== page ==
16 startup pitching tips every entrepreneur needs to hear
Startup pitching is an art form, and if you want to succeed, you must master it. Here, our expert coaches share their top tips for nailing your startup pitch.
So you’ve decided to pour your heart and soul into launching a startup? Wunderbar. This will probably be one of the most rewarding experiences of your life. But, as I’m sure you’ve figured out, it’s not all rainbows and unicorns. It also involves coping with the ever-looming pressure to raise capital.
To successfully drum up funding, you need to win over investors in short and increasingly virtual pitches, which, let’s face it, isn’t the most thrilling way to meet someone.
But the good news is: with the right approach it’s perfectly possible to nail your startup pitch and secure that much-coveted second meeting.
I asked Sting’s pitch coaches and the winners of our recent demo day pitch event for their most important pieces of advice when pitching to investors. Here’s what they said.
- Treat your first pitch like a teaser
Sting pitch coach Jenny Lindblad has 15 years’ experience as a pitch coach and startup mentor. She’s also a TEDx Moderator and has delivered over 5,000 presentations to top execs and investors in over 130 countries.
“The initial pitch should provide a teaser for every aspect of your business, not just the problem and your solution. It should touch on your vision, what drives you, your business model, what you’ve achieved so far, what’s next, and answer questions like ‘why now?’ and ‘why you?’. No one is going to invest after a first pitch – the whole purpose is to secure a second meeting,” explains Jenny.
If there are too many outstanding questions, investors are much less likely to book that second meeting – so make sure you touch on each of these areas.
2. Keep your vision tangible and simple
Jenny can’t stress enough how important it is to create a simple, tangible vision. Here’s an example: our vision is to help one billion people stop using plastic bags to reduce carbon dioxide emissions by 10%. It’s easy to understand and includes a tangible outcome.
“Your vision should stay the same regardless of the audience, and people must be able to grasp it quickly,” says Jenny.
If you’re struggling to define your company vision, start by thinking about what drives you. What makes you jump out of bed every morning?
3. Never assume anything
The biggest mistake young startups make when pitching is making assumptions about what the audience knows (and doesn’t know). Never assume that the people you’re pitching to know what you’re talking about or understand the specifics of your industry, the problem you’re solving or your product.
4. Accept that your product won’t sell itself
Time for some tough love: your product will not sell itself. Unfortunately, a lot of first-time entrepreneurs think it will and under prepare for pitches. It’s good to be confident, but dangerous to be overconfident. If people don’t understand what you do, they won’t invest in your startup, regardless of how amazing it is. But, if you’ve read this far, you’re probably not going to make that mistake.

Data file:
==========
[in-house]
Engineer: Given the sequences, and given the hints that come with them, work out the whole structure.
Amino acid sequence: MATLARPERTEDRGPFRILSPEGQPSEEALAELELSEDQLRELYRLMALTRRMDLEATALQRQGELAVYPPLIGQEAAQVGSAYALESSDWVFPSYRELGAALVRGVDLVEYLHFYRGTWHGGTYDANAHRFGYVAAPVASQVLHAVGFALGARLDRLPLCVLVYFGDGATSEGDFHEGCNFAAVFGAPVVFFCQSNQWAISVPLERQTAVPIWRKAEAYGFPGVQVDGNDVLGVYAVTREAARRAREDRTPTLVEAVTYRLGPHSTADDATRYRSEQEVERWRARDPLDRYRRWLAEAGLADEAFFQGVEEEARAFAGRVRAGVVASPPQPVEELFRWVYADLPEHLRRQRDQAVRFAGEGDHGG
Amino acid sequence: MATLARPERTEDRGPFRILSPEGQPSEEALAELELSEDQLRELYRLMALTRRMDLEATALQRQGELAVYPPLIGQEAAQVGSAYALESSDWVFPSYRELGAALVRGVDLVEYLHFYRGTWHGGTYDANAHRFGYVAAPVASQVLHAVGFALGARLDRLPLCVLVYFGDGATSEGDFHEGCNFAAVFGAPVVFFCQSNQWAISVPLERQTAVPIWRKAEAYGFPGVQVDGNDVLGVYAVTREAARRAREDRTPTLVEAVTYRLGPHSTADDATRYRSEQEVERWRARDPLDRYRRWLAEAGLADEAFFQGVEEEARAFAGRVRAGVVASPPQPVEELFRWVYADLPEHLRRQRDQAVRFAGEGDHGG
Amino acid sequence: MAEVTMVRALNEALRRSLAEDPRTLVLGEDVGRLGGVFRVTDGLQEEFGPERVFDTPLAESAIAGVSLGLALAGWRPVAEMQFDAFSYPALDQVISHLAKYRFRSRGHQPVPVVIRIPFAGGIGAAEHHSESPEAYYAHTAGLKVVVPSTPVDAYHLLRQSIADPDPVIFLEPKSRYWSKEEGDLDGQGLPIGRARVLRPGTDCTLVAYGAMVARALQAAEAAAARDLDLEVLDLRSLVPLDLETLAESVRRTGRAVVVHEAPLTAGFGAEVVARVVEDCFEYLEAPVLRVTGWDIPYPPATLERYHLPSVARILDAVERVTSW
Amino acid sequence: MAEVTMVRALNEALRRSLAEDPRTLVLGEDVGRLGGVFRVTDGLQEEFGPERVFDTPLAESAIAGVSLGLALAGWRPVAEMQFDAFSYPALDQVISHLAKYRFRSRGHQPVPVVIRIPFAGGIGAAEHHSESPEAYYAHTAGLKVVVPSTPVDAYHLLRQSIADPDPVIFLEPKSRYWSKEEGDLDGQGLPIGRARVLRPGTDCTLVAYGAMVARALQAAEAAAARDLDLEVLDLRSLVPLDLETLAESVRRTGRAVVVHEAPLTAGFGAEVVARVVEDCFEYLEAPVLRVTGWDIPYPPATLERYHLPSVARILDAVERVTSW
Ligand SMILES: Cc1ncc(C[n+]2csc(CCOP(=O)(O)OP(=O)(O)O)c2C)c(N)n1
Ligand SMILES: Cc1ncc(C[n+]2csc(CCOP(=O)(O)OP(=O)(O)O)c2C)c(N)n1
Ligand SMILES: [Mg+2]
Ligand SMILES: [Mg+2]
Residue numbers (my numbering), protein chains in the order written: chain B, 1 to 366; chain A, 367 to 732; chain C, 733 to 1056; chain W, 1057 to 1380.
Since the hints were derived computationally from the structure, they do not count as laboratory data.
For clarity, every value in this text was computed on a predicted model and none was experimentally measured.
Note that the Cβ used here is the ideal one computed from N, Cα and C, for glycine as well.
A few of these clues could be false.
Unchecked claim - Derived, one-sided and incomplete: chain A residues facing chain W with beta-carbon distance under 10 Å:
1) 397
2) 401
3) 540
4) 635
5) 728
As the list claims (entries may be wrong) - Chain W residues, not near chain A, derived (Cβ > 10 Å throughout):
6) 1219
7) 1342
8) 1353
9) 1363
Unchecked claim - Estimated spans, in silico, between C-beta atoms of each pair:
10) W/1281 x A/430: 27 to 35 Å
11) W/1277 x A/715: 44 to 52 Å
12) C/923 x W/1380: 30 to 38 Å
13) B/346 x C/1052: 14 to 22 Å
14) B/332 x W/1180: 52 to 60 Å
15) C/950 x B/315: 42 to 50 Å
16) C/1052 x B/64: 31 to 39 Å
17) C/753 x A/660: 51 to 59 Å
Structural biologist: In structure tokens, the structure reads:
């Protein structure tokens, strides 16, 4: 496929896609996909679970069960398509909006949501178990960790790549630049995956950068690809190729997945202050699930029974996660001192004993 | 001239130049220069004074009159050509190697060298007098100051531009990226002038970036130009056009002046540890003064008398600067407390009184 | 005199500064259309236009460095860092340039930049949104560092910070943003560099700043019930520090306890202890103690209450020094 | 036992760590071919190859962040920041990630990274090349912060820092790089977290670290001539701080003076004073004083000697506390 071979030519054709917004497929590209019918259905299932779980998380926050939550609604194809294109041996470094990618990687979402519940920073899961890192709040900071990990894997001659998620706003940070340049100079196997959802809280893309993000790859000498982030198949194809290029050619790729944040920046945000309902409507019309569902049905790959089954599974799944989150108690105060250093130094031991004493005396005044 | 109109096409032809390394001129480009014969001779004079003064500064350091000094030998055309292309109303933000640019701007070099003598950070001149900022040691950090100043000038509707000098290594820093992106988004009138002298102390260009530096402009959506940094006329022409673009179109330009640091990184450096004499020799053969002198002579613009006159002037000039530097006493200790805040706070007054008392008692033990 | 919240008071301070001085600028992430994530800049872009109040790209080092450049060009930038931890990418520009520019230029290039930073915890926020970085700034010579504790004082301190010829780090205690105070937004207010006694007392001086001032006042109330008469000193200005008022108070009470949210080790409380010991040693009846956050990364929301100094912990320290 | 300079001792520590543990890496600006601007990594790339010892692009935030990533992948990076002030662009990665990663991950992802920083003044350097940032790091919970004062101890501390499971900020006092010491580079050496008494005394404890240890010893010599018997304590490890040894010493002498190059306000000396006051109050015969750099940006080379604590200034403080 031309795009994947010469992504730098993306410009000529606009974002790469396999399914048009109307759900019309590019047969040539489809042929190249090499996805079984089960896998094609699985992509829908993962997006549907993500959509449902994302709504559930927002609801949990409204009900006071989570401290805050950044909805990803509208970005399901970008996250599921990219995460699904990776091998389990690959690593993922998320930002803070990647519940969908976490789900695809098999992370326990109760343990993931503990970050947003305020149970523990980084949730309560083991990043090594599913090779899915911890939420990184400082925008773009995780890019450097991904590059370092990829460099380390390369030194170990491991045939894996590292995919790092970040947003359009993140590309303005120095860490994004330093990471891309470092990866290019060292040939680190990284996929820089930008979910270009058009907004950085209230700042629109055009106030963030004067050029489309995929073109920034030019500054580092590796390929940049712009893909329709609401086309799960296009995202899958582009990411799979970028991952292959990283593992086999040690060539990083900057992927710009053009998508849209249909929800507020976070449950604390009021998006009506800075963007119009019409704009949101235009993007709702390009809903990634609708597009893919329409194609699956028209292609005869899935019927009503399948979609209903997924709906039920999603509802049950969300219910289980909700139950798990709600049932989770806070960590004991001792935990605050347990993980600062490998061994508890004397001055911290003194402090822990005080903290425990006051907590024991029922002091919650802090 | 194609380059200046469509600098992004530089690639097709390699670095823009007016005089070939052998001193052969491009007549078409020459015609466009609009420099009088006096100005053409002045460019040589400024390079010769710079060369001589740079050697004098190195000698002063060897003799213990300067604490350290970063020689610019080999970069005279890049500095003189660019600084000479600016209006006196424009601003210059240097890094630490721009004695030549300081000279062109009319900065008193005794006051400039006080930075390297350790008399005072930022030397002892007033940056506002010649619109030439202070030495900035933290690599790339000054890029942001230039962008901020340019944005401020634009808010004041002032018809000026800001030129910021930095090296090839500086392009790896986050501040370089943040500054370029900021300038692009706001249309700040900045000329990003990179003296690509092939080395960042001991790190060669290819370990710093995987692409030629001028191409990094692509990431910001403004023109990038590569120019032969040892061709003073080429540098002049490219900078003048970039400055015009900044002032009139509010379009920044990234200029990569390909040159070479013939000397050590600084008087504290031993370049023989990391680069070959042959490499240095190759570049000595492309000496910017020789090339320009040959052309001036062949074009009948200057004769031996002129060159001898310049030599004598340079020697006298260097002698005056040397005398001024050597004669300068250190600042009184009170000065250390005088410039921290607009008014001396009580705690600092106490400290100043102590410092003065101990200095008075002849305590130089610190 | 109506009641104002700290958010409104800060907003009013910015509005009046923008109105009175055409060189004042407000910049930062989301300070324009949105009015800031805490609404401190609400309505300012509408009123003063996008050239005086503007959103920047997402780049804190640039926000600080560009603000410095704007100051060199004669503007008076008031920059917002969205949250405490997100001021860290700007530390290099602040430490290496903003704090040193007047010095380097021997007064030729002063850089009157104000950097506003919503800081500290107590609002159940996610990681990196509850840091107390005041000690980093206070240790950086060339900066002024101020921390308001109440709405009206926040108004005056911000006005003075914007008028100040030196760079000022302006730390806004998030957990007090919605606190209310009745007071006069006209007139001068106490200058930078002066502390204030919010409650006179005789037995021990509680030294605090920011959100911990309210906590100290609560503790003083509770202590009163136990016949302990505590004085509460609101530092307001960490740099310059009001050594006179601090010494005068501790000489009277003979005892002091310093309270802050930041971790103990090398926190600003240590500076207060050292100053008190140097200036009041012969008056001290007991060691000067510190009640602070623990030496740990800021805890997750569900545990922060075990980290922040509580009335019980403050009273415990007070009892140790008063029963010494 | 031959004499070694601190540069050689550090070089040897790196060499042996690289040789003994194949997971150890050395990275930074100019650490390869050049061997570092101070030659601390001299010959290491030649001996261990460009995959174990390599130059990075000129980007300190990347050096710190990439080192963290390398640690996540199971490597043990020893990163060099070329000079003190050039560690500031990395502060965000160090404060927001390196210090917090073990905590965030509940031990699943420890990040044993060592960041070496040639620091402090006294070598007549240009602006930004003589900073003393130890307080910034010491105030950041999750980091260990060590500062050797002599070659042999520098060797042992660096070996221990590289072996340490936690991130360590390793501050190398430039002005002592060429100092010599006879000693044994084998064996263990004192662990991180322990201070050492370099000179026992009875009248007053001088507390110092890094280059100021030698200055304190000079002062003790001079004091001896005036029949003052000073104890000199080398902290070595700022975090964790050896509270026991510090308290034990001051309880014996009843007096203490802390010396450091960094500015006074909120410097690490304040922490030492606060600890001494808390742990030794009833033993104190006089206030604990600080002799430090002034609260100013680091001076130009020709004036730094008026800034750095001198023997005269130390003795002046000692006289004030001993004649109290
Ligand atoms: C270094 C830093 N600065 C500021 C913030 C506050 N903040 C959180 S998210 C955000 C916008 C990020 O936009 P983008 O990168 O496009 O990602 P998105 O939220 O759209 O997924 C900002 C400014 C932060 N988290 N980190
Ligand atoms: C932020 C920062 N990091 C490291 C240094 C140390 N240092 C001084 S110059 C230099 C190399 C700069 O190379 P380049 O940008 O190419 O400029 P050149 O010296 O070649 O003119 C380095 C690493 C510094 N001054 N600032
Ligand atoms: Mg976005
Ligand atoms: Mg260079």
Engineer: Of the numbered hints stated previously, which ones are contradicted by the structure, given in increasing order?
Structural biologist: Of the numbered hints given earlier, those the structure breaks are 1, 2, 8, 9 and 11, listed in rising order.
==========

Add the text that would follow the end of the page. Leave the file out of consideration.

5. Work out how to touch your audience – and do it fast
Sting pitch coach Anette Andersson has worked with us since 2003. She’s helped hundreds of startups develop and sharpen their messaging to strengthen their pitch and successfully secure funding.
“If you travel on the subway you’ll only remember the people who touched you in some way. They could have physically touched you, said something unusual, or looked like an ex-boyfriend. Whatever it is, they’ve made a memorable impression, and that’s exactly what you need to do when pitching your startup,” says Anette.
“Investors pass on 94-98% of companies that pitch to them, so you have to find out how to touch your audience and do it quickly,” she explains. If you don’t, they’ll mentally check out. Think about who you’re meeting every time you pitch, what they know, what they want, and how you – or your business – relates to that.
If you have a startup in the mental health space, for example, this is relatively easy, as we all know someone who’s been affected by mental health issues. But no matter what industry you’re in, think about what you have that’s special and how you can touch your audience with it.
6. Sell your story, not your business
Over 90% of pitch coaching at Sting focuses on content and storytelling. There are specific things you need to cover in your pitch deck (the problem, your solution, market size, competition, business model, go-to-market strategy, the team and financials), but the trick is to develop a story arc and use human narratives to keep your audience engaged and establish a connection. Investors are more interested in value and scaling possibilities than the exact technologies.
How does the problem affect people day to day? If a person uses your product, what does it mean for them? How will it make their life better, or even the world?
Johann Gross, Co-Founder of online referencing tool Citationsy (and Sting Demo Day pitch winner) and his team used storytelling during their pitch to secure meetings with investors.
“Our product is a digital tool for academic referencing, so it’s not the sexiest of products. But during our last pitch, we talked less about the product itself, and more about the problem it solves for people, the benefits that it offers and explained how it worked in a very simple way. Then we focused on what we’ve already achieved and where we’re heading next – which built a success story and positioned our startup as a non-losing bet,” says Johann.
Watch Citationsy’s Sting Demo Day pitch (24:05)
7. Think like a journalist
Like any good piece of journalism, your startup pitch should follow a logical order and keep people interested to the end.